December 2018 Newsletter

**Thank you to all of our faithful supporters & encouragers through the years. We appreciate you so much & are excited to discover what direction Mountain Haven will be heading as we seek answers, rest, & direction this next year**

If you are interested in giving for the end-of-the-year, your donation will be tax deductible and you will continue to help us with some of the overhead cost of keeping the ministry intact as we explore the next phase of the ministry.


Financials: Monthly Revenue Required: $2700.00 and Monthly Revenue Received: $1300.00 Remaining Need:  $1400.00

Something Interesting or Unexpected that Happened Last Month: 1.) Kevin had a surgical procedure that went good, however he has some complications due to the procedure, and there is still healing that needs to happen. We are still moving forward with discussing future surgical processes that will help him live with his Crohn’s more comfortably. 2.) Liliana danced in the North shore parade and even made the front page of the newspaper. 3.) Kaisha gave a breathtaking performance as a member of her freshman choir, the concert was so beautifully done and it was incredible 4.) We were so grateful to spend Thanksgiving with our son Brandon and our favorite daughter-in-law; Emily, as well as partake in family events at my mom’s house. It was the first time in many , many years we were all able to be together.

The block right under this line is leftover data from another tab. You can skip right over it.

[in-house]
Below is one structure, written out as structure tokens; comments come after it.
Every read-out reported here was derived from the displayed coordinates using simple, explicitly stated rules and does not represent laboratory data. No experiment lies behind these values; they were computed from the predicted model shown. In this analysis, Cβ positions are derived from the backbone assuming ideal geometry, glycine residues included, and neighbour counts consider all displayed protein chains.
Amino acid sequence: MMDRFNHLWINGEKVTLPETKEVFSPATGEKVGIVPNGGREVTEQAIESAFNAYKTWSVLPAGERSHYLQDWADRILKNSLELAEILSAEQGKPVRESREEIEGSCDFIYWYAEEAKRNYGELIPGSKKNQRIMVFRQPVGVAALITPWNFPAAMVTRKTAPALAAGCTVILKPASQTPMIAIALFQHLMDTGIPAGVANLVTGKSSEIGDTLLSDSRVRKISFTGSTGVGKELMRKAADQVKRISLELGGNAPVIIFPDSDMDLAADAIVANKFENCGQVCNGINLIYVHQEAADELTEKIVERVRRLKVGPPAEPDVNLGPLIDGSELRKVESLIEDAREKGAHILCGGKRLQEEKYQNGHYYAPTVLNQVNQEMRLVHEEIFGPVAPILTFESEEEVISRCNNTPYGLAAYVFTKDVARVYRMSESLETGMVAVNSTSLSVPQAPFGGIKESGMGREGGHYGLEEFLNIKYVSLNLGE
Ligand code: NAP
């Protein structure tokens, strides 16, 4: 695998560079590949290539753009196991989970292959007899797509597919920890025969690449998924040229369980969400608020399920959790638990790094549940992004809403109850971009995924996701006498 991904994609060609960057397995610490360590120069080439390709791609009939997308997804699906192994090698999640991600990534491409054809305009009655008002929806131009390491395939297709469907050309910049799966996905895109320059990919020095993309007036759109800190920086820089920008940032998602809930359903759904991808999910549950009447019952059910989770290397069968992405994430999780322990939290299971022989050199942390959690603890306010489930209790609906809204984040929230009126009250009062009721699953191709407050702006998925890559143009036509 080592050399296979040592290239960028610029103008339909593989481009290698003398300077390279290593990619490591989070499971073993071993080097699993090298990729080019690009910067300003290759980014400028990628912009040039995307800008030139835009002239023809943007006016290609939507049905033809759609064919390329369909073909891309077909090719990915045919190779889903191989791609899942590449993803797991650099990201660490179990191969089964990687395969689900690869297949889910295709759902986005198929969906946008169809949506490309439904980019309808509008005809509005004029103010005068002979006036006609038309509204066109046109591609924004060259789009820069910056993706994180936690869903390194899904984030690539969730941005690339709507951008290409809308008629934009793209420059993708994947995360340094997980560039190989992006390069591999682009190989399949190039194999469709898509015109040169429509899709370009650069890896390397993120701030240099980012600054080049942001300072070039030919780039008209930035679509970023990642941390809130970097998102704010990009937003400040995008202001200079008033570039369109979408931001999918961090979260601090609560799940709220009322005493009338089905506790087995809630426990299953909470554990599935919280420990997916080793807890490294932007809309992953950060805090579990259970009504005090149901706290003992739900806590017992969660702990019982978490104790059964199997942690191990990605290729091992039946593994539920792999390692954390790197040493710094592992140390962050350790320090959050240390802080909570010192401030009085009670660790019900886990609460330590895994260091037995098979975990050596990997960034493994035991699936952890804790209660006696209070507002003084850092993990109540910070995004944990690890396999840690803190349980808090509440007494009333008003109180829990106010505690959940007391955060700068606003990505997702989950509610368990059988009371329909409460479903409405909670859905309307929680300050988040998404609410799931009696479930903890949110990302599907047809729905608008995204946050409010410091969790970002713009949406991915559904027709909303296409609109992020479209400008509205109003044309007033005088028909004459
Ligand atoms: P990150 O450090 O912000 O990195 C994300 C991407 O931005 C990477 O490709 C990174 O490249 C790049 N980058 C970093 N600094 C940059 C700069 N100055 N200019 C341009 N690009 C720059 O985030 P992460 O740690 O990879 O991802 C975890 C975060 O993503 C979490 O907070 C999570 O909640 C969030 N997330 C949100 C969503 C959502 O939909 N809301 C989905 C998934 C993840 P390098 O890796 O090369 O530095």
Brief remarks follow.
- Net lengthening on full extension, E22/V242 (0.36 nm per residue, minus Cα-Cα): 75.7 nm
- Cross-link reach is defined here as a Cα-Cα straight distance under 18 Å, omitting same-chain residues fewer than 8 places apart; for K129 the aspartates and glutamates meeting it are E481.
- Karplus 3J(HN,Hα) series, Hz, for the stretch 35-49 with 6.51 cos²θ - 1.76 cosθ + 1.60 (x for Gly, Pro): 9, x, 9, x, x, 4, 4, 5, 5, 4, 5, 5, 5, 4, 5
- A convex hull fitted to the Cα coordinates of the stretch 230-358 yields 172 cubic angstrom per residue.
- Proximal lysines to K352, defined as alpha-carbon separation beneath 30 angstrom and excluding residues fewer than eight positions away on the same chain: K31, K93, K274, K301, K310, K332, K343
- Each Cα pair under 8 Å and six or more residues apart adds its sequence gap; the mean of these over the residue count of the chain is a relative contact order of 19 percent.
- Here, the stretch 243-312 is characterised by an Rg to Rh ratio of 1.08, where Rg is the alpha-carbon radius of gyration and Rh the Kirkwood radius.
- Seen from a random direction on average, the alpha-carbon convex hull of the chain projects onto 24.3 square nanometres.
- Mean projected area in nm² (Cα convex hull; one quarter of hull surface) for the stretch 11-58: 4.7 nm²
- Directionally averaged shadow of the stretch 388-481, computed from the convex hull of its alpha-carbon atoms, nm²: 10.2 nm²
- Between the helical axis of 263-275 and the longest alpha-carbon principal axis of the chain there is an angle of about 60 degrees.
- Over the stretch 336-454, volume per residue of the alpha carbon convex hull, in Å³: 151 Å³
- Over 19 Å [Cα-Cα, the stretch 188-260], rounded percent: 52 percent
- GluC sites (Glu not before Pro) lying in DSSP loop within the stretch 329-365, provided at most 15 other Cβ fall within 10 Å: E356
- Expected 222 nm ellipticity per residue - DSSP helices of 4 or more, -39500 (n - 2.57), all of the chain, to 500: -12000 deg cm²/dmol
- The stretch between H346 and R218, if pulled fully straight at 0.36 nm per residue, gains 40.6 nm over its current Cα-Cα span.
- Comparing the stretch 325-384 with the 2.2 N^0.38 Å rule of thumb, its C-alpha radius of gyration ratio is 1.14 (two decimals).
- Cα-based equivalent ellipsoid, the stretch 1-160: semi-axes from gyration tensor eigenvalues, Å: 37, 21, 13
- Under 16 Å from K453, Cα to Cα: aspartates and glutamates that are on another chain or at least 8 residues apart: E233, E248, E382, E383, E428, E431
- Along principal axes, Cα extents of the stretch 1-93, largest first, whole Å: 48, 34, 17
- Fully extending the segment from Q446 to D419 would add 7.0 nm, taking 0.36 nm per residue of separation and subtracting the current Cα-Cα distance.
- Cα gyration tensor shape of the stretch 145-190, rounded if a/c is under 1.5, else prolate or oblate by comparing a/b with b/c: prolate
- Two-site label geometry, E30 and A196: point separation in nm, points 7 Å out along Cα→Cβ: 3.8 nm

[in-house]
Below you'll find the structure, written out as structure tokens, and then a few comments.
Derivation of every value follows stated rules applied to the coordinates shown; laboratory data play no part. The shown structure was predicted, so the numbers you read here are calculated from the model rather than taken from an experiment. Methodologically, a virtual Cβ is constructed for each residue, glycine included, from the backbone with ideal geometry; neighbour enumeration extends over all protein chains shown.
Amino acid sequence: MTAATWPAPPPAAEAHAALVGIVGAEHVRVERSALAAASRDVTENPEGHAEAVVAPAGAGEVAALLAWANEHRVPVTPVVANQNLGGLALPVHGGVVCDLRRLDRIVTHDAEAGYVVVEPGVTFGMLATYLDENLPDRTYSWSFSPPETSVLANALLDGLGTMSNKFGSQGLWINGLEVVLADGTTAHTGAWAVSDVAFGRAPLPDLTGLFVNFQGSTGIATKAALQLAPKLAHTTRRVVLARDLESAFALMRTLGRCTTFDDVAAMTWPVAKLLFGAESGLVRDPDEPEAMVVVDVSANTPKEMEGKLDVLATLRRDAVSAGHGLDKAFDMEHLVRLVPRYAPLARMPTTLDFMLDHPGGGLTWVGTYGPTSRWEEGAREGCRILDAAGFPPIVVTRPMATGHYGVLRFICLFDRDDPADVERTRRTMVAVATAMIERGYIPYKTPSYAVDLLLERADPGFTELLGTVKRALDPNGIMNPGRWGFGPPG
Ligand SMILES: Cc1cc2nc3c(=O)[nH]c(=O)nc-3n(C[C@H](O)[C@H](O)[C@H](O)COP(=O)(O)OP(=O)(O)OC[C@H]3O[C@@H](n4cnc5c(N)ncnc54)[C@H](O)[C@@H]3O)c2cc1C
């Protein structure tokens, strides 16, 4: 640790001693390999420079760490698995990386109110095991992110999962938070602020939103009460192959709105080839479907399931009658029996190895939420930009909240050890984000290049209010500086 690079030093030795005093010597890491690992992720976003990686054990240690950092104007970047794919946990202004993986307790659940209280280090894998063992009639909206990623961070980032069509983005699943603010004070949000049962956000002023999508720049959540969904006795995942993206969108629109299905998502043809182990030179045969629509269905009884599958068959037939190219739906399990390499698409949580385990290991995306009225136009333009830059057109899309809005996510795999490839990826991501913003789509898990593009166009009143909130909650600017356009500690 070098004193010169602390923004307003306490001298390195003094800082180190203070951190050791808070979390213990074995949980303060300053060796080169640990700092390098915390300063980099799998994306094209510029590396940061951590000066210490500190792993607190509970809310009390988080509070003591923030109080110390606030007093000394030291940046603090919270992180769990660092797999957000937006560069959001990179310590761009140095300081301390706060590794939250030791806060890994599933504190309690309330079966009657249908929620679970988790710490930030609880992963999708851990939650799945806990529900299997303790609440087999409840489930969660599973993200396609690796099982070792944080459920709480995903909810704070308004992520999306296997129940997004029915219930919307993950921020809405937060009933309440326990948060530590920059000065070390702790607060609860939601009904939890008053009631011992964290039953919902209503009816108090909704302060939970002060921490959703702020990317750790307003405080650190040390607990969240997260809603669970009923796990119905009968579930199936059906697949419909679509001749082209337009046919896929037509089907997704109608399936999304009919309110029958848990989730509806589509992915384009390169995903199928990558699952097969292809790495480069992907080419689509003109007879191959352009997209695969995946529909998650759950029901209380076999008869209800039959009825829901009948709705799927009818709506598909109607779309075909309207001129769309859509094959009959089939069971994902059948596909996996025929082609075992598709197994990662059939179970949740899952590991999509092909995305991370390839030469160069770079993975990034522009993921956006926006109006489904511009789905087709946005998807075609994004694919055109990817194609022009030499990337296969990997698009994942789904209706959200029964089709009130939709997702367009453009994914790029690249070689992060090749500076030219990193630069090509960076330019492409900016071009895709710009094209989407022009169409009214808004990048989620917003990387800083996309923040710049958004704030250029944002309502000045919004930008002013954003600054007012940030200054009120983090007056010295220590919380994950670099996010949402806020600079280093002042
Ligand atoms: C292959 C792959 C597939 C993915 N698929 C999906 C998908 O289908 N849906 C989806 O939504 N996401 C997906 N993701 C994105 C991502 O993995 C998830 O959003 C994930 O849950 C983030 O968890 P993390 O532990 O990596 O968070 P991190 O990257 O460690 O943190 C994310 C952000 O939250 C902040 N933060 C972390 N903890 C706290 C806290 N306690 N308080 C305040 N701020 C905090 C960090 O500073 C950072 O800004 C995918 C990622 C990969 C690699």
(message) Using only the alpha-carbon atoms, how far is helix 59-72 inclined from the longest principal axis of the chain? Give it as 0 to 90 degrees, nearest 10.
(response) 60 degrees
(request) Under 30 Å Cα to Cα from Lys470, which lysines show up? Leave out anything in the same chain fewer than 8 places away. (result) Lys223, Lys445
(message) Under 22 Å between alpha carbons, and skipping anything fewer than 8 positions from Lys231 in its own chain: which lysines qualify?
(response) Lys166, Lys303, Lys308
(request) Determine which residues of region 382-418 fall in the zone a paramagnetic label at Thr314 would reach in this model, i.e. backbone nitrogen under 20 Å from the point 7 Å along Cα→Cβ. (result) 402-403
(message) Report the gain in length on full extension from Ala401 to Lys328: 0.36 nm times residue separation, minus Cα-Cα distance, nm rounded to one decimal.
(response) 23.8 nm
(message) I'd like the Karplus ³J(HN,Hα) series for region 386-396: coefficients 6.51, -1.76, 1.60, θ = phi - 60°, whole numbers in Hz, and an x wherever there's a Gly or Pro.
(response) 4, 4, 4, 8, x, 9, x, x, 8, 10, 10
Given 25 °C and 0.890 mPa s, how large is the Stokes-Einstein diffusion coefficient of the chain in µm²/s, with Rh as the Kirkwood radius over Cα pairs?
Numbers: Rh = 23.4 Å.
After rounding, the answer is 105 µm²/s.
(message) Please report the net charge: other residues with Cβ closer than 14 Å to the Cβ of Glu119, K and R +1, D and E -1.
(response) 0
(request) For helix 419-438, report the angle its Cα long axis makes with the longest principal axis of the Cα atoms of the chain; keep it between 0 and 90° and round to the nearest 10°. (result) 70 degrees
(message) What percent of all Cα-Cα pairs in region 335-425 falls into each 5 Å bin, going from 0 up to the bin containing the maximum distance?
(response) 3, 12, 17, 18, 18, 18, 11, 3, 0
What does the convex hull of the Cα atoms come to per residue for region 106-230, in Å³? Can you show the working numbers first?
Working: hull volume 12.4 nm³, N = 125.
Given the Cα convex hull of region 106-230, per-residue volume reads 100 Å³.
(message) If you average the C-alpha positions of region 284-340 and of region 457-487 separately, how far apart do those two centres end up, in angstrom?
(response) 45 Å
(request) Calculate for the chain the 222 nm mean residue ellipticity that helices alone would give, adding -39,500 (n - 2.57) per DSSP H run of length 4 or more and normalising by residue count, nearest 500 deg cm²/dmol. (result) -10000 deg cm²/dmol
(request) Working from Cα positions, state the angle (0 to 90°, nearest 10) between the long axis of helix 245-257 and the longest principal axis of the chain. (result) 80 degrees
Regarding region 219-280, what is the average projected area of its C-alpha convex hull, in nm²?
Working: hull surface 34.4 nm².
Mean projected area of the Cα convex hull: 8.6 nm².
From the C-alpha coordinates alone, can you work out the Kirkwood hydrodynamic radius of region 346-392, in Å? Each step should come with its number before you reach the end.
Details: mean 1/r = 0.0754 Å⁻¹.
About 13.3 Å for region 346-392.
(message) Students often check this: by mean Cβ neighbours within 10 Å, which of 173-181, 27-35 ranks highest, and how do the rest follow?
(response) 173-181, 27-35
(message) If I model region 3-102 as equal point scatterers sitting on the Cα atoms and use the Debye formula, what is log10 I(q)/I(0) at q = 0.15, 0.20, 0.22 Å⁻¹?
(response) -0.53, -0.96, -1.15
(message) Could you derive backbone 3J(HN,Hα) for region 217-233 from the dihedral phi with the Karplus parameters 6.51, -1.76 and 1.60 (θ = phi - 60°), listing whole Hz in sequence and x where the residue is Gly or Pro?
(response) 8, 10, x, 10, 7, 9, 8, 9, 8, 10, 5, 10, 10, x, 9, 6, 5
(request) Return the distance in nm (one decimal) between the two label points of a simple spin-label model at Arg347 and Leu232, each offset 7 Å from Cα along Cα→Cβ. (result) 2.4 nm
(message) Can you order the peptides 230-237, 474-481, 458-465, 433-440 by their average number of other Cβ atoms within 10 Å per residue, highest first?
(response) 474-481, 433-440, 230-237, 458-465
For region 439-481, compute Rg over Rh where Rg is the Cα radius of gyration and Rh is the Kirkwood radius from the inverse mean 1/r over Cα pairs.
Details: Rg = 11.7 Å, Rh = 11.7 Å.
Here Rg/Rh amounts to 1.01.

Top Prayer Requests: 1.) Pray we never stop living a whole, healed life.

                                Mountain Haven -November 2018 Newsletter

Seek Understanding-From Our Origin to Our Present Self

“ Unless we are able to view things in terms of how they originate, how they are to return to their end, and how God shines forth in them, we will not be able to understand.”  St. Bonaventure of Bagnoregio

I want to take a moment to visit the Us that is living right now and the Us of long ago. Let’s reflect and wrestle with the concept of how we live life to the fullest. And how we invite those we love into this journey with us. I sometimes feel like I go back-and-forth between a false self and a real self in my faith, my role as a wife, and as a parent, friend, or loved one. Do you ever feel this way? I’ve been challenged during the last six months of chronic sickness and trial, and since I moved out here to MN, to revert back to my child like tendencies. Tendencies such as crying, being inconsolable, being impatient, expressing ungratefulness, and sounding fatalistic.